HACCP and ISO: Is it the Right Combination?

From the regulatory standpoint, prior to implementing any federal program in which ISO and HACCP are in combination, the feasibility of rearranging task codes that are included in the generic Inspection System Program (ISP) might be important to the success of the combination. There are tasks, which are now considered other consumer protection tasks, and which might be more efficiently placed into following the task codes: 03 (HACCP), 01 (sanitation), 06D01 (sanitation performance standards) or 05 (pathogen reduction).1 Such a revision would give a tighter vision of food safety and would enable better oversight in each of these categories, and it would also identify quality areas that may or may not be relevant to food safety but are certainly important in considering consumers.

Food safety would of course be under the auspices of HACCP, and there would be critical control points.1 Food quality would be under the auspices of ISO, and there would be quality control points, as noted by Dr. John Surak.2 If this takes place, there are two possibilities for incorporating both HACCP and ISO in establishments. The first situation is one in which plants have already been operational, have consequently been under HACCP, and would only need to implement ISO 9000 and up. Those starting after September 2004 would come under the umbrella of ISO 22000, as this considers both ISO and food safety management. Both plans will be included in this paper.3,4

In designing this plan, it is important to keep in mind that both HACCP and ISO need to be generic, so that establishments have the opportunity to demonstrate how they are managing their process. If a plant has a HACCP plan in place, the following will be implemented:

Using HACCP and ISO 9000 (or above) Standards

  • Reassessment of HACCP plan with the modifications above and the seven steps that are required by regulation to be completed. In the recordkeeping step, shipping records must be made available to the regulators.
  • A quality assessment or analysis and a mapping of various quality control points with in the establishment.
  • Verification of those points in the flow
  • Within these points would be quality operating limits. These limits determine control, and are additive or cumulative during the day for the tests performed. Cusum, used now for finished product standards, may be used, or another acceptable approved statistical program for maintaining the limits may be used.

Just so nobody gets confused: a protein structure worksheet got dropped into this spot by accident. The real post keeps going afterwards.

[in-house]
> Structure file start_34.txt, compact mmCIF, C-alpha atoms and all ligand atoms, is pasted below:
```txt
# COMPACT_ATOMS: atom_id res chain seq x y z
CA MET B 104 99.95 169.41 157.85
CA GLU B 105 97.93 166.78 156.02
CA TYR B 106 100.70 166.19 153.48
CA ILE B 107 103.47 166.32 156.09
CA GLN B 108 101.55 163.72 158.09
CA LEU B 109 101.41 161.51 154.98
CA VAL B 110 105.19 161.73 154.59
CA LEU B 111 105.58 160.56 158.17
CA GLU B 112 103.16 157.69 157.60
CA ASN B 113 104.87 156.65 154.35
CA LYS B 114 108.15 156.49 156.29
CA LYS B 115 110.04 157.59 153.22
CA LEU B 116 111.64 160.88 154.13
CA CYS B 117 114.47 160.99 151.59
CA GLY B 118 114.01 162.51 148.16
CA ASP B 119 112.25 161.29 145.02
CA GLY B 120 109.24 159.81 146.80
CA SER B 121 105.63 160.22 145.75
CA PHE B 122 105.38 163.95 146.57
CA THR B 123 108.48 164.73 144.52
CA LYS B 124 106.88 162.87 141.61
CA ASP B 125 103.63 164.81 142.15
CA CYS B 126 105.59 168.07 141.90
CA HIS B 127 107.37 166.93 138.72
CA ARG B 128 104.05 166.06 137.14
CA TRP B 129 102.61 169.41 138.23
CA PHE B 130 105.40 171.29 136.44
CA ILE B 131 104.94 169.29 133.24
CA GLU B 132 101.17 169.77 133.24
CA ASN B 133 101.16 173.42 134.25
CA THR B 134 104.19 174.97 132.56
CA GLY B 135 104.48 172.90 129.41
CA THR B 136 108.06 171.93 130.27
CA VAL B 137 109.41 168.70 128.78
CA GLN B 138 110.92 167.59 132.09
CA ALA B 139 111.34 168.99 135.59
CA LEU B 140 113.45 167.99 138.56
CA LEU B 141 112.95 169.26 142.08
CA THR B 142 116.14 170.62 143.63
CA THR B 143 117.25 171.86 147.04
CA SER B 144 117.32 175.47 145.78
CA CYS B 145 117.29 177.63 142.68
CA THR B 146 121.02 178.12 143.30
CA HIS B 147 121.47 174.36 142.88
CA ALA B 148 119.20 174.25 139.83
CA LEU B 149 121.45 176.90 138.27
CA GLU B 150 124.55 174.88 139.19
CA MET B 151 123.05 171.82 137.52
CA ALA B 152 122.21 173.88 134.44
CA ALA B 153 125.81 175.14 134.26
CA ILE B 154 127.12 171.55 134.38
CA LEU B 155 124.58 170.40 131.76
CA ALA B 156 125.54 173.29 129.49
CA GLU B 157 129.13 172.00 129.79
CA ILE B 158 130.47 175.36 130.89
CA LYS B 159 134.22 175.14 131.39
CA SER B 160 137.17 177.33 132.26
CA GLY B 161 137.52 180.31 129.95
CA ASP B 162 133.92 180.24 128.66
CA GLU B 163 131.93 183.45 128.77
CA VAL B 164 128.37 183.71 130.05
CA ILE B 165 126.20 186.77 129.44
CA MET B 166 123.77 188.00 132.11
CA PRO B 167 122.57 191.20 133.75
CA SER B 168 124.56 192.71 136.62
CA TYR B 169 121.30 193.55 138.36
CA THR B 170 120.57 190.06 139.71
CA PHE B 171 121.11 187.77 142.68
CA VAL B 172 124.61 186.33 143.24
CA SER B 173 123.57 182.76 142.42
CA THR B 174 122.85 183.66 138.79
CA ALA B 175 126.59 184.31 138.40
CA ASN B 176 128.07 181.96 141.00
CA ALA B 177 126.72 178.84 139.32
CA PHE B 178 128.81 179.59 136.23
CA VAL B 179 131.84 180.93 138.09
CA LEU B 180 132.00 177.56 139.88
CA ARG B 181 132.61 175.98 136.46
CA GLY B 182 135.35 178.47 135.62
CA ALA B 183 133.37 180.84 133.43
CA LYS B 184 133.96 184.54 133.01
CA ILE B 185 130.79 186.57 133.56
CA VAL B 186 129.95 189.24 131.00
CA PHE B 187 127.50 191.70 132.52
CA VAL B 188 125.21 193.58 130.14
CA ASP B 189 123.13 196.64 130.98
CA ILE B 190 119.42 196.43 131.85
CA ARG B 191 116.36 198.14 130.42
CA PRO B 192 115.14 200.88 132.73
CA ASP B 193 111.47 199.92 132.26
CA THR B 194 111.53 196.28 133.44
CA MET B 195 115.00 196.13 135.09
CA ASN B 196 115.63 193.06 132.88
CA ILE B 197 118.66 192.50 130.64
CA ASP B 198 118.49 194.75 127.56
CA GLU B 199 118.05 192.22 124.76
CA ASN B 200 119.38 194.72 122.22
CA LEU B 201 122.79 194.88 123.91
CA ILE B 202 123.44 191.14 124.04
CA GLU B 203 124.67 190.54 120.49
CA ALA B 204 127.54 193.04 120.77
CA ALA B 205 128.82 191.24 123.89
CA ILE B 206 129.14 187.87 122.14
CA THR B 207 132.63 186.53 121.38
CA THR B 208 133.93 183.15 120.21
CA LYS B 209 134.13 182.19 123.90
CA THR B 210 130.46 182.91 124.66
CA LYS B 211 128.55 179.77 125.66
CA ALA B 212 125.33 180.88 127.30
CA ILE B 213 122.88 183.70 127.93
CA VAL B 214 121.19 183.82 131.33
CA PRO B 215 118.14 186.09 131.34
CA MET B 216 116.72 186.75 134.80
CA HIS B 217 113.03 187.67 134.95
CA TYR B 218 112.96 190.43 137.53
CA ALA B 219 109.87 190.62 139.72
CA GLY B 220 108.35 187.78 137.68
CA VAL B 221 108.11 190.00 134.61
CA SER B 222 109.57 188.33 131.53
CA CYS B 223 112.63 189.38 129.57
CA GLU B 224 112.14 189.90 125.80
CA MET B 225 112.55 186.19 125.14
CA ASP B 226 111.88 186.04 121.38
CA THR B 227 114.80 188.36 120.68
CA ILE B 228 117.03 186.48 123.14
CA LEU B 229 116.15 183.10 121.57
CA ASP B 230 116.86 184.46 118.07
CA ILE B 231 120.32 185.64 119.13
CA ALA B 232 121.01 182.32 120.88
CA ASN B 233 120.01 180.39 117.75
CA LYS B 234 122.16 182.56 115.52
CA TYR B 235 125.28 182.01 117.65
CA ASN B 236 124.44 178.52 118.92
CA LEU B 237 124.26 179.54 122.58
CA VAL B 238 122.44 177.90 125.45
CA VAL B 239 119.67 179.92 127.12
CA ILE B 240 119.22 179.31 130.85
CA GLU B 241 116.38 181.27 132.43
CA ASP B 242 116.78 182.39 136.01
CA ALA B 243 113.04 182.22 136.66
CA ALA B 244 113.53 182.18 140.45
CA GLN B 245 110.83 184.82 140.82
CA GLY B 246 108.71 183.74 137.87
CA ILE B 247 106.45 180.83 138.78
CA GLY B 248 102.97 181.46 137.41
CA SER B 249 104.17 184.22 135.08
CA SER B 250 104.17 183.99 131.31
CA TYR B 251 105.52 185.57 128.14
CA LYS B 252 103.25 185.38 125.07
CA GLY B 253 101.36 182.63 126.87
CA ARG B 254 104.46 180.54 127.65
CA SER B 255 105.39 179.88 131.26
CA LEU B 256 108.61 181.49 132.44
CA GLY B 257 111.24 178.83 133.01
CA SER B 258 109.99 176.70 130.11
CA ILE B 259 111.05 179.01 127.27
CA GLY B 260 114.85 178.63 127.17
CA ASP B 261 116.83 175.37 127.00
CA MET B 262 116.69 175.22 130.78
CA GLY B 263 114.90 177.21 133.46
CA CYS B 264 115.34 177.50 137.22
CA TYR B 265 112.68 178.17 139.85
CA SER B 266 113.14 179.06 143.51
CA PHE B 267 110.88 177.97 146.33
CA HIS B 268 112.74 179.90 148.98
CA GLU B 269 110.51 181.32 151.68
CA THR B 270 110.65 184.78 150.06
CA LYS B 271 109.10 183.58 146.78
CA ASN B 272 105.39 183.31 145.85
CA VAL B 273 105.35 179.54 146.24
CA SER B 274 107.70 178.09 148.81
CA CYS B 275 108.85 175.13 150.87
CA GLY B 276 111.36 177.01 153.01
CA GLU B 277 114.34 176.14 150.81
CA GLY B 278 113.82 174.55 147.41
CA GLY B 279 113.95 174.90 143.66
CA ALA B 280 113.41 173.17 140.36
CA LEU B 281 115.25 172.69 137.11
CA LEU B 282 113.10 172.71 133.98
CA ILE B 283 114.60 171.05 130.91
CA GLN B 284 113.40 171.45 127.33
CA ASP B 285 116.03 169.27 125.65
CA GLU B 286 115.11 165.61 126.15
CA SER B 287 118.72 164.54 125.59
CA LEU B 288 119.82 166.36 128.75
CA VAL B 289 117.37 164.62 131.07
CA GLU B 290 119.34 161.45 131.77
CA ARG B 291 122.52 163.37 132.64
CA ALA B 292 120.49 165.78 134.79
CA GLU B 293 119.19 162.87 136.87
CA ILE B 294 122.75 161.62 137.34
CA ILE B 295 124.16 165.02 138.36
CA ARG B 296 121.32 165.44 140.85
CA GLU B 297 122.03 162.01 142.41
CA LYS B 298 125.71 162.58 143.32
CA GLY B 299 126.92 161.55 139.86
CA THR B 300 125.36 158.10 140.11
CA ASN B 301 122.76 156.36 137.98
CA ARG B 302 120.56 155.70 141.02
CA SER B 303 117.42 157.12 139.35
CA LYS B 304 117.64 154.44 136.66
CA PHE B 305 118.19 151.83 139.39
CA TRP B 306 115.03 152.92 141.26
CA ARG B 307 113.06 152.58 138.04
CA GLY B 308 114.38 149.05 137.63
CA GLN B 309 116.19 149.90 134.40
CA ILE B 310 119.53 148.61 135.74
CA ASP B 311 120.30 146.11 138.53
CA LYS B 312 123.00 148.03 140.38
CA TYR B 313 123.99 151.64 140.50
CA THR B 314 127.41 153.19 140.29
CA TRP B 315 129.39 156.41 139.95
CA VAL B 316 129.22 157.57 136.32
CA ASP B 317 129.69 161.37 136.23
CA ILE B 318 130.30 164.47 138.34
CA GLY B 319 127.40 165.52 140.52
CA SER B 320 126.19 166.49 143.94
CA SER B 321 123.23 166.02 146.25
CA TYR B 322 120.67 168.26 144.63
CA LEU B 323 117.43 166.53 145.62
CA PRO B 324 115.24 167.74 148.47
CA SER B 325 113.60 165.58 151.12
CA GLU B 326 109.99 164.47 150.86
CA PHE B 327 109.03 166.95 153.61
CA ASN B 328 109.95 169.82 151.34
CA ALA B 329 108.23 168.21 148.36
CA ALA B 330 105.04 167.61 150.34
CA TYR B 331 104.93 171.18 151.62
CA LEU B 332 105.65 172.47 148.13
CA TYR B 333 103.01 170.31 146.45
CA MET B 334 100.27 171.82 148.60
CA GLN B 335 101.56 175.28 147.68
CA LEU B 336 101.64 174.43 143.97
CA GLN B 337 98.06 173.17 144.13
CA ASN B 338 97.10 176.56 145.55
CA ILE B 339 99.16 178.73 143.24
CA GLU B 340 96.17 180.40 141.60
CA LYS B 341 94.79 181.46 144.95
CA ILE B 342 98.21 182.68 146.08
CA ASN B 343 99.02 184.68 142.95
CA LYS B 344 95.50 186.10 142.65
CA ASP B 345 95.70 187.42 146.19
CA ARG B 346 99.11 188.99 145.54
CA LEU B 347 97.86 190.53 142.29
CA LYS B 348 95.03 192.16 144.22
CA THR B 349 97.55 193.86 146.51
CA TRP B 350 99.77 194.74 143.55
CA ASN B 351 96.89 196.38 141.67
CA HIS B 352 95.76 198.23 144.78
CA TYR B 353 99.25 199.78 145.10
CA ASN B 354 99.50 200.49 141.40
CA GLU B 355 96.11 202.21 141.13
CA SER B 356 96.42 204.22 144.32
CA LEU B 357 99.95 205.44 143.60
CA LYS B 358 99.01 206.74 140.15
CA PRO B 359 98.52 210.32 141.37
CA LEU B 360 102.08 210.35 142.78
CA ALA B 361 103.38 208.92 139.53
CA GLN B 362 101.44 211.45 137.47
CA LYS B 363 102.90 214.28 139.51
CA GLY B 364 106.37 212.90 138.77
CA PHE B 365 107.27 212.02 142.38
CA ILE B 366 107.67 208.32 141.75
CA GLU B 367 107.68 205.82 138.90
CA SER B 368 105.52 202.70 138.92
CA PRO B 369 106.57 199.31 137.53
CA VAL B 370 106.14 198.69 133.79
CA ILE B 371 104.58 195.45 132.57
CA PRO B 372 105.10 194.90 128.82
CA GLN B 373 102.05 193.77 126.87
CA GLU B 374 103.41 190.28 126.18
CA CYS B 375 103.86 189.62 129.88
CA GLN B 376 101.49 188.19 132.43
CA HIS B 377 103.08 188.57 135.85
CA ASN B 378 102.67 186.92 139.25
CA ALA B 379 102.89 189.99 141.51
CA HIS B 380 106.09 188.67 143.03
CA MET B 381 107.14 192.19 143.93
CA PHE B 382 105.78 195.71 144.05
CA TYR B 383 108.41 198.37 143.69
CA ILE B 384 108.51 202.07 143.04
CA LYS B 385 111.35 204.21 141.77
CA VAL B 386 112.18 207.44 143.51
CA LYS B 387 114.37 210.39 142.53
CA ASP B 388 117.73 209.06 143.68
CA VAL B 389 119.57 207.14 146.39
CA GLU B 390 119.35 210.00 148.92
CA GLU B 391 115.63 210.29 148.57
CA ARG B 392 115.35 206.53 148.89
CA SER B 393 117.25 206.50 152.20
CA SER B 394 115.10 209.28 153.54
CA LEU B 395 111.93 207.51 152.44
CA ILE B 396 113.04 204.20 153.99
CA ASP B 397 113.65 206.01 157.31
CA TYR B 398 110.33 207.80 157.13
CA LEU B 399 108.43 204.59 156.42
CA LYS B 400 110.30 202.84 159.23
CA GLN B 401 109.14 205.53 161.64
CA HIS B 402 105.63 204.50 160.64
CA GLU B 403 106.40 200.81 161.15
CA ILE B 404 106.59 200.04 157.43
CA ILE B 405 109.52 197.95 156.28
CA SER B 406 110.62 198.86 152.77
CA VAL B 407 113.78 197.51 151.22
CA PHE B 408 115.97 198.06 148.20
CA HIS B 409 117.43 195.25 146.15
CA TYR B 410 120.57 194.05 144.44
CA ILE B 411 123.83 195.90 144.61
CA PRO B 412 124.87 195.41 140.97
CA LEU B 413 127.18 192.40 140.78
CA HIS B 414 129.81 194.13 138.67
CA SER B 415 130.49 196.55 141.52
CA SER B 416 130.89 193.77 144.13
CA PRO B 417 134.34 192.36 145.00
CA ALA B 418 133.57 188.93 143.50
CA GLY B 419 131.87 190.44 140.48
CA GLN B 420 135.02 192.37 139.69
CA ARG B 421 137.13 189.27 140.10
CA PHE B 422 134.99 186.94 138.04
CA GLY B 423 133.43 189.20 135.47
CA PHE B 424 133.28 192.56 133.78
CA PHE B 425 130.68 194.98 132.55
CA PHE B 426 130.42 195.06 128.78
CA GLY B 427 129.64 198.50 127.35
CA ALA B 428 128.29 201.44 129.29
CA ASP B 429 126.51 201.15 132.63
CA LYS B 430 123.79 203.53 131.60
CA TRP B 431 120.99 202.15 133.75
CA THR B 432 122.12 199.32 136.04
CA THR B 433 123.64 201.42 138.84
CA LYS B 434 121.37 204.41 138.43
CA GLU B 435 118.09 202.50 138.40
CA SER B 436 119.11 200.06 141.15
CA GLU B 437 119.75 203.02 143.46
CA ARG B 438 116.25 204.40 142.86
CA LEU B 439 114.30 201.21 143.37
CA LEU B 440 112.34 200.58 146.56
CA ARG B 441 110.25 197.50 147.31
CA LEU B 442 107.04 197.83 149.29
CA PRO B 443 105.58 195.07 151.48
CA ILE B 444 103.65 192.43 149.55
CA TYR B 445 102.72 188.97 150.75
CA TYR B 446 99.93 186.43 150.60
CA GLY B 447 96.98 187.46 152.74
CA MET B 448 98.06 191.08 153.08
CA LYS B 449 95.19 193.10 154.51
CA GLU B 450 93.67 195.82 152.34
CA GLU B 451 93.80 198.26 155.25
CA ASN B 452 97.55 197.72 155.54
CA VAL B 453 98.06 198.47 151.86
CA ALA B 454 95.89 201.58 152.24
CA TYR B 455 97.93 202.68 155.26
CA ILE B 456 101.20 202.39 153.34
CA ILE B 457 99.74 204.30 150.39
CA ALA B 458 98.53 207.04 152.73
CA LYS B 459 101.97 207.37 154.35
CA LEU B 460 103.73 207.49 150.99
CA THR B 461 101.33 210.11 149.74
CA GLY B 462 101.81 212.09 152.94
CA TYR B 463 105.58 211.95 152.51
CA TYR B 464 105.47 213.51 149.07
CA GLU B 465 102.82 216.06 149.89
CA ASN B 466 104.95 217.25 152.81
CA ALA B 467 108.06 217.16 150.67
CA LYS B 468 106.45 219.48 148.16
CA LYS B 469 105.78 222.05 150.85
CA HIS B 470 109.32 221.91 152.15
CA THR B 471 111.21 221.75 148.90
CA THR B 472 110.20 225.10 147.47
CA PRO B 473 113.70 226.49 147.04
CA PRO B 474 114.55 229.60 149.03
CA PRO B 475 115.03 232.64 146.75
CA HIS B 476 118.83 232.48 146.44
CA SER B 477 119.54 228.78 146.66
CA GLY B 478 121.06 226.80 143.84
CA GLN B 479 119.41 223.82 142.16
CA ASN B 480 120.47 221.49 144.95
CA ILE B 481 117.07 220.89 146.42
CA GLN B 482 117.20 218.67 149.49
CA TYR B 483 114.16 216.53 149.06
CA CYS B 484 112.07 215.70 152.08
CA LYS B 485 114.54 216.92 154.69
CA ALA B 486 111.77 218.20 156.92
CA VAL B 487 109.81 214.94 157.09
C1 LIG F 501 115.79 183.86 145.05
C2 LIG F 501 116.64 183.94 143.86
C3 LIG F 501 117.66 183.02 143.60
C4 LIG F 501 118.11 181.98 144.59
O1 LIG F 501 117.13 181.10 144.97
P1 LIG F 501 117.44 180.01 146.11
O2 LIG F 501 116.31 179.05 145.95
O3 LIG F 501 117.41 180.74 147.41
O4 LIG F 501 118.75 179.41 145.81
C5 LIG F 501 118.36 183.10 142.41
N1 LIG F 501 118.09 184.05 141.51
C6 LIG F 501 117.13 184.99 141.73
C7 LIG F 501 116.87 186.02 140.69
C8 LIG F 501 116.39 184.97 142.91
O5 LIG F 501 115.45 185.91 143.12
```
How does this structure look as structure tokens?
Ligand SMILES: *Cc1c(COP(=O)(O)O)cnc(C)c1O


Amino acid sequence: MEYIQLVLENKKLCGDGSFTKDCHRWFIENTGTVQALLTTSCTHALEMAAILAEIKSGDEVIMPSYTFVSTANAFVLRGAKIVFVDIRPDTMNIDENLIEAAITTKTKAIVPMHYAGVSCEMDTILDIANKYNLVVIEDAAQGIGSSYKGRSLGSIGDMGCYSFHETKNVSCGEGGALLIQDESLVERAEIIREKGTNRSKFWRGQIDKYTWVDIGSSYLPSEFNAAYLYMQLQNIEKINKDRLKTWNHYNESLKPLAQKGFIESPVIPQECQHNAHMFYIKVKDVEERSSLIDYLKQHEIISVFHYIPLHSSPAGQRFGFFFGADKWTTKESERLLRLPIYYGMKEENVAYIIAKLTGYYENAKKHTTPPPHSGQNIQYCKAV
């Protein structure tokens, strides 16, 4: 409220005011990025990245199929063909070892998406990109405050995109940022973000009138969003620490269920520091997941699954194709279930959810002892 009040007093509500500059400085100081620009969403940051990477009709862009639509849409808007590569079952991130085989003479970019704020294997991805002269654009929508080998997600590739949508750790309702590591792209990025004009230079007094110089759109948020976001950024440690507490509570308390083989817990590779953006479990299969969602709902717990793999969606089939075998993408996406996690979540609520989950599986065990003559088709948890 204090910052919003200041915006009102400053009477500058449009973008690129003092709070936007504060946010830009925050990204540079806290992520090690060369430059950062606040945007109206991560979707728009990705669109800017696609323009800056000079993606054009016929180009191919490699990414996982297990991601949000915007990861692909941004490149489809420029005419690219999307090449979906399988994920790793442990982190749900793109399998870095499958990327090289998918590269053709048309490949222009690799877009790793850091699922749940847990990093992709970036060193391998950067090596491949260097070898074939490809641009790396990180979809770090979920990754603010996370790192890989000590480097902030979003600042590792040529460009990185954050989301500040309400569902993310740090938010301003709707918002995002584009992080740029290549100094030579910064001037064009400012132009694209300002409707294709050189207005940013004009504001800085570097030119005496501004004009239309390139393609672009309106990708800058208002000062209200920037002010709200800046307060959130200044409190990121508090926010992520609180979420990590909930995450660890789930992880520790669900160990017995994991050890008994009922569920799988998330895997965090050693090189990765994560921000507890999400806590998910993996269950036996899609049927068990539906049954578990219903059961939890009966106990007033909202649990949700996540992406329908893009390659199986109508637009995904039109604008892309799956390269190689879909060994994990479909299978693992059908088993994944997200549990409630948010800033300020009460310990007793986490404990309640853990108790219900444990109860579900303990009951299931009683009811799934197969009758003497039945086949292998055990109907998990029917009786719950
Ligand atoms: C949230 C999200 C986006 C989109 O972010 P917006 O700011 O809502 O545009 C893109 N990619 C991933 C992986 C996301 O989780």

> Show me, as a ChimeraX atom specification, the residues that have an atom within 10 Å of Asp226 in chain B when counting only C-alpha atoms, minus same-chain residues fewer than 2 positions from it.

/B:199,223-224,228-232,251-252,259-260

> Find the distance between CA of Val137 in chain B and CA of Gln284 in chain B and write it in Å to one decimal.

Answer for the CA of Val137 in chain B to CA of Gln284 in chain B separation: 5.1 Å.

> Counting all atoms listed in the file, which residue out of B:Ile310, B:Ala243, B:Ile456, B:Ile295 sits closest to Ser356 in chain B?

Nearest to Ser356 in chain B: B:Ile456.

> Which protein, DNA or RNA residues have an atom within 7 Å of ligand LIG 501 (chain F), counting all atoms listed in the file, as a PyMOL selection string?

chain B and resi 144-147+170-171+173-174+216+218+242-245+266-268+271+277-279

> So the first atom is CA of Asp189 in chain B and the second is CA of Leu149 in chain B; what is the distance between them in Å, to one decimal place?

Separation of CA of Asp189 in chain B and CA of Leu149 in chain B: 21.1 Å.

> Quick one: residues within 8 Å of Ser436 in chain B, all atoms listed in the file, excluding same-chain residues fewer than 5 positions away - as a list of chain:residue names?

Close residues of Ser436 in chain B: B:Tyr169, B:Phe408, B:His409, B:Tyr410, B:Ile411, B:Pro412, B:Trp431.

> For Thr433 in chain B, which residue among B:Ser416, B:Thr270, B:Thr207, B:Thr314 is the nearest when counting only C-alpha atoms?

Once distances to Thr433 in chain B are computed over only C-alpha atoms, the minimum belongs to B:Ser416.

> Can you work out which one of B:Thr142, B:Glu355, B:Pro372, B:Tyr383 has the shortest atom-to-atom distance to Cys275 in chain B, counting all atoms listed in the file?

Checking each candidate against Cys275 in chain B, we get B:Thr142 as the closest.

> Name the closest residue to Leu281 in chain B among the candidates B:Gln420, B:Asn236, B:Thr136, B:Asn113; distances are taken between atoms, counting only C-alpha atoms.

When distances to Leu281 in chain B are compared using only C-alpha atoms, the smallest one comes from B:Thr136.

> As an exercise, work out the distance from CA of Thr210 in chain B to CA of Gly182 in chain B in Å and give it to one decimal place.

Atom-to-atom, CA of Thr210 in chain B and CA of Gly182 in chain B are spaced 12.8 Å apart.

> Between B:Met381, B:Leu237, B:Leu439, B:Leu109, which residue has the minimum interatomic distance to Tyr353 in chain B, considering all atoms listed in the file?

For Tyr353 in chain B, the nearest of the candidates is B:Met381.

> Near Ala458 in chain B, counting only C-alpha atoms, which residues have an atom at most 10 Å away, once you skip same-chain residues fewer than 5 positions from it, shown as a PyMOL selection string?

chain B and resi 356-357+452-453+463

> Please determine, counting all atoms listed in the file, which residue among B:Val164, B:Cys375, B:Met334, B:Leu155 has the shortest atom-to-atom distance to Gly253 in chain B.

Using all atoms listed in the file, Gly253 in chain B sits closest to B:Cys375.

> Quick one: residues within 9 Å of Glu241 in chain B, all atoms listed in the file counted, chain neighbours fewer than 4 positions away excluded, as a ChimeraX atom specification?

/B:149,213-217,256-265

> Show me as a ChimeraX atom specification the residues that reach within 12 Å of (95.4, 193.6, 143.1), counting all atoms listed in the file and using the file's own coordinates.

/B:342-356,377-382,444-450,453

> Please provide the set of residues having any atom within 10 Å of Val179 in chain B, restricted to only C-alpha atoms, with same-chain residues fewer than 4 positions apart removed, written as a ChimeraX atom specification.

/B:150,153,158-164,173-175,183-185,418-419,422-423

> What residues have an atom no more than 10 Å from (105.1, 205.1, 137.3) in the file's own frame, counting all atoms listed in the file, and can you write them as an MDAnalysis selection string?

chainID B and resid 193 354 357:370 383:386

• Design monitoring points for each QCP, being specific
  • Design verification points for each QCP, again being specific
  • Design corrective actions and further planned actions in the case that the limits for the QCPs are exceeded.
  • Recordkeeping of each of the QCPs. Records must be accessible to regulators.(This is based on the Q Pro Con System, set up by Jeff Chilton at the following Web site: www.chiltonconsulting.com5, 10)

If a plant is starting after September, 2004, the following would be implemented, using ISO 22000, which incorporates both HACCP and ISO 9000 standards:

  • Define management responsibilities
  • Define resources and how these will be managed
  • Define process flow, with control points labeled and defined
  • Do a hazard analysis on all aspects of the plant
  • Design the HACCP plan following the steps as promulgated in 9CFR417.2 and in the Final Rule listed in the Federal Register, Vol. 61, No. 144, July 25, 1996, pages 38805-38989.
  • Define CCPs
  • Define critical limits for each CCP
  • Define monitoring procedures
  • Define verification procedures
  • Define corrective actions (including further planned action) in the event that the limits of any CCP are exceeded
  • Design recordkeeping for each CCP
  • Design supporting safety measure (SSM) program, listing all prerequisite programs and defining the location and purpose of the quality control points (QCPs)
    1. Define QCPs
    2. Define quality operating limits for each QCP
    3. Define monitoring procedures
    4. Define verification procedures
    5. Define corrective actions (including further planned action) in the event that the limits of any QCP are exceeded
    6. Design recordkeeping for each QCP
  • Determine how and why things are measured and how the plan will be updated
  • Validate the system (Food safety management: combining HACCP and SSM)
  • Verify the system
  • Update the system as needed

(This is based on a system designed by Dr. John G. Surak, Clemson University, in his paper, “HACCP and ISO: Development of a Food Safety Management Standard.” It can be accessed by www.saferpak.com.2,8)

Leave a Reply

Your email address will not be published. Required fields are marked *